Releasing Carbonite

Two types of releases are performed:

  • Sprint releases, which are made at the end of each 2-week long sprint

  • Patch releases, which can be made at any time and include only fixes for a previous release

For every release, a git tag of the form v{version-number} is created on the appropriate commit. This will trigger an automatic promotion of the build artifacts previously published from that commit into “officially versioned” artifacts. For example, if the commit SHA started with baadf00d the originally published artifact would include this information, along with branch name and CI system used to make the artifact. After the tag has been made the version will simply be the {version-number} specified in the git tag. This creates a clear distinction between in-development builds and official releases. Official releases are the only artifacts that will have the short form version (no hash, no build number, etc). Please understand that all that information is still available inside the artifact, if needed.

Sprint releases are always made from the default branch (main/master). These releases will never have a patch number set, they will end with a .0.

Patch releases are made to deliver bug fixes. They must always have a patch number. A patch to the latest release can be delivered from the default branch if only bug fixes have been added to that branch. Otherwise a branch must be created from the version tag which was originally created for the release that needs fixing. This branch should be named patch/{version}. Note that you do not include the patch number in the {version} used to name the branch. This allows us to release multiple successive patches to the same sprint release from that branch. Each patch release will increment the patch number and have an associated git tag that includes the full version number (including patch number).

Carbonite follows a romantic versioning scheme (in contrast to a semantic versioning scheme). It is inspired by the NVIDIA GPU driver and is one-hundred based. We will only use the patch number (fractional in this scheme) for patching, so every sprint release we will bump the 100-based number. This means that officially released artifacts from sprint release will take the form of h.0 (where h is a number between 100 and 999) while officially released artifacts from a patch release will take the form of h.n where n > 0. Every sprint release will increment h by one. We envision moving Carbonite to semantic versioning in the future, once we have fully converted to Omniverse Native Interfaces.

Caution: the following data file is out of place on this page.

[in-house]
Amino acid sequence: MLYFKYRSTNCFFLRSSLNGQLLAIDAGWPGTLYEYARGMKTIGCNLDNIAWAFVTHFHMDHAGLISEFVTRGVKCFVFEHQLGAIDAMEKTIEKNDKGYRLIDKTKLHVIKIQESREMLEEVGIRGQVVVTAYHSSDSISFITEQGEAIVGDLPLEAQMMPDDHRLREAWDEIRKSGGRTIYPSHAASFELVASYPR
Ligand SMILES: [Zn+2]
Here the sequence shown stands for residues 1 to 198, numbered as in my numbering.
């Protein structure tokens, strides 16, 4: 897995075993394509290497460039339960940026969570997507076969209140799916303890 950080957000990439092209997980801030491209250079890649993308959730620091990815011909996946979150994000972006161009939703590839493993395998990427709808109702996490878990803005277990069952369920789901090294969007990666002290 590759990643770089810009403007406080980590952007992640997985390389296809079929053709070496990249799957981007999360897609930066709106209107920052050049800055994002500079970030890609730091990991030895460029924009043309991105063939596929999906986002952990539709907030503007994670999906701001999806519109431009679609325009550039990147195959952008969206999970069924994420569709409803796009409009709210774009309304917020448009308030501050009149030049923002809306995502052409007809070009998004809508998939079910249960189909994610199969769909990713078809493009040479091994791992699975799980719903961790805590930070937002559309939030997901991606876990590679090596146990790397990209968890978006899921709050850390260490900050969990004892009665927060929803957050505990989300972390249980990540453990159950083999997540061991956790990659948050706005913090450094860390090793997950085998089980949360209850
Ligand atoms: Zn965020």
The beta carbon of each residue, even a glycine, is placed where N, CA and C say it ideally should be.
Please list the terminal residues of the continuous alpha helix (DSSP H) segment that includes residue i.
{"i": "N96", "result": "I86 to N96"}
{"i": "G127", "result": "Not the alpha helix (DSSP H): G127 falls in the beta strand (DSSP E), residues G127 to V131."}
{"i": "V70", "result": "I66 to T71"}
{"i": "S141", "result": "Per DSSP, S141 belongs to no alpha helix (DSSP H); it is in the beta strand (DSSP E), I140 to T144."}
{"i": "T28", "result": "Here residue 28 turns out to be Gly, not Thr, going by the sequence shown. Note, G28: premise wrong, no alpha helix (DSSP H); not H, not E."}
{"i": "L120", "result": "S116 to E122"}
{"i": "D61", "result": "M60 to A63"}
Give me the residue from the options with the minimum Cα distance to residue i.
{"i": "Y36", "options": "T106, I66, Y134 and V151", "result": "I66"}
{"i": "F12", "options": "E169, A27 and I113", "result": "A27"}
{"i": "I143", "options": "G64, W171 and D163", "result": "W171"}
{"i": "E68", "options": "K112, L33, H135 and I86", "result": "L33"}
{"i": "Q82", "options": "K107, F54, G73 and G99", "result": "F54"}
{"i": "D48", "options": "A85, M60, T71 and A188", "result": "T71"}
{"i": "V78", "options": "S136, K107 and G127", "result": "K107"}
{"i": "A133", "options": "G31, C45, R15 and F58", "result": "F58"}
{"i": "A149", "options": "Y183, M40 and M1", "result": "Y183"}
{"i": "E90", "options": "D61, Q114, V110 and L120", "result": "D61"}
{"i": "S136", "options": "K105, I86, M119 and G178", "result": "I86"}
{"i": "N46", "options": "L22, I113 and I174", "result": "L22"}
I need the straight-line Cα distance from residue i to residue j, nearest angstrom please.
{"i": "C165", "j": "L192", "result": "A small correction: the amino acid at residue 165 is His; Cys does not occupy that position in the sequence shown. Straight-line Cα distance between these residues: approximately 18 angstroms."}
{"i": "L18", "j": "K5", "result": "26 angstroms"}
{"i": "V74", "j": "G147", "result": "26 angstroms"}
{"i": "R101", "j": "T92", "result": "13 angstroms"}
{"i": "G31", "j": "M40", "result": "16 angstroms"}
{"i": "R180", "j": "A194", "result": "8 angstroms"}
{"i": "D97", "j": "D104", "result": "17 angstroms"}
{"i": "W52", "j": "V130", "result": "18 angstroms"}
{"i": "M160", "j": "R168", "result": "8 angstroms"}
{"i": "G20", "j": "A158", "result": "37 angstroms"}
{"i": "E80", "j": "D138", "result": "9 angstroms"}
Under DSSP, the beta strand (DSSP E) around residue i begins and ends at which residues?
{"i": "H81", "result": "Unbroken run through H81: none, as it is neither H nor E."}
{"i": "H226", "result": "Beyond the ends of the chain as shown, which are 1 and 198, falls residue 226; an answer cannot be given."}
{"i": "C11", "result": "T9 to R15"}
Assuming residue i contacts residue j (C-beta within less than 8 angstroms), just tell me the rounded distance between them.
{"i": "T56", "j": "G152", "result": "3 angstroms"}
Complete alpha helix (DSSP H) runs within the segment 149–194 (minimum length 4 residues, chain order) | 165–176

Once a release has been made, the version number in VERSION file must be increased if further development is planned on that branch. If the next release is a sprint release then the hundred-based number is simply incremented by one. If patch number was set, it is removed. On a patch branch, the patch number is incremented by one. Note that incrementing on a patch branch post release is only needed if further patches are planned.

You will have noticed in the previous paragraph that there was a mention of the possibility that the patch number was set on the default branch. You may be wondering how that is possible. The scenario is as follows. The development team hasn’t submitted any new feature work in the default branch, only bug fixes. A request comes in to urgently patch the latest sprint release with these bug fixes. In that case it makes the most sense to deploy the patch from the default branch by simply adjusting the VERSION file to match. That being said, if there is a strict requirement from customers to only include a single bug fix and no other bug fixes this would not work and we would follow the regular flow. That is, we would create a patch branch from the release tag, set the VERSION for a patch release and cherry-pick the fix to that branch.


The above applies to as well. The the next release version is used as the heading of a new section at the top of the file immediately after a release. The top section in must always have the same version number as in VERSION. Once we have the capability to automatically generate release notes (from MR/commit messages) the version number in VERSION will become the single source of truth.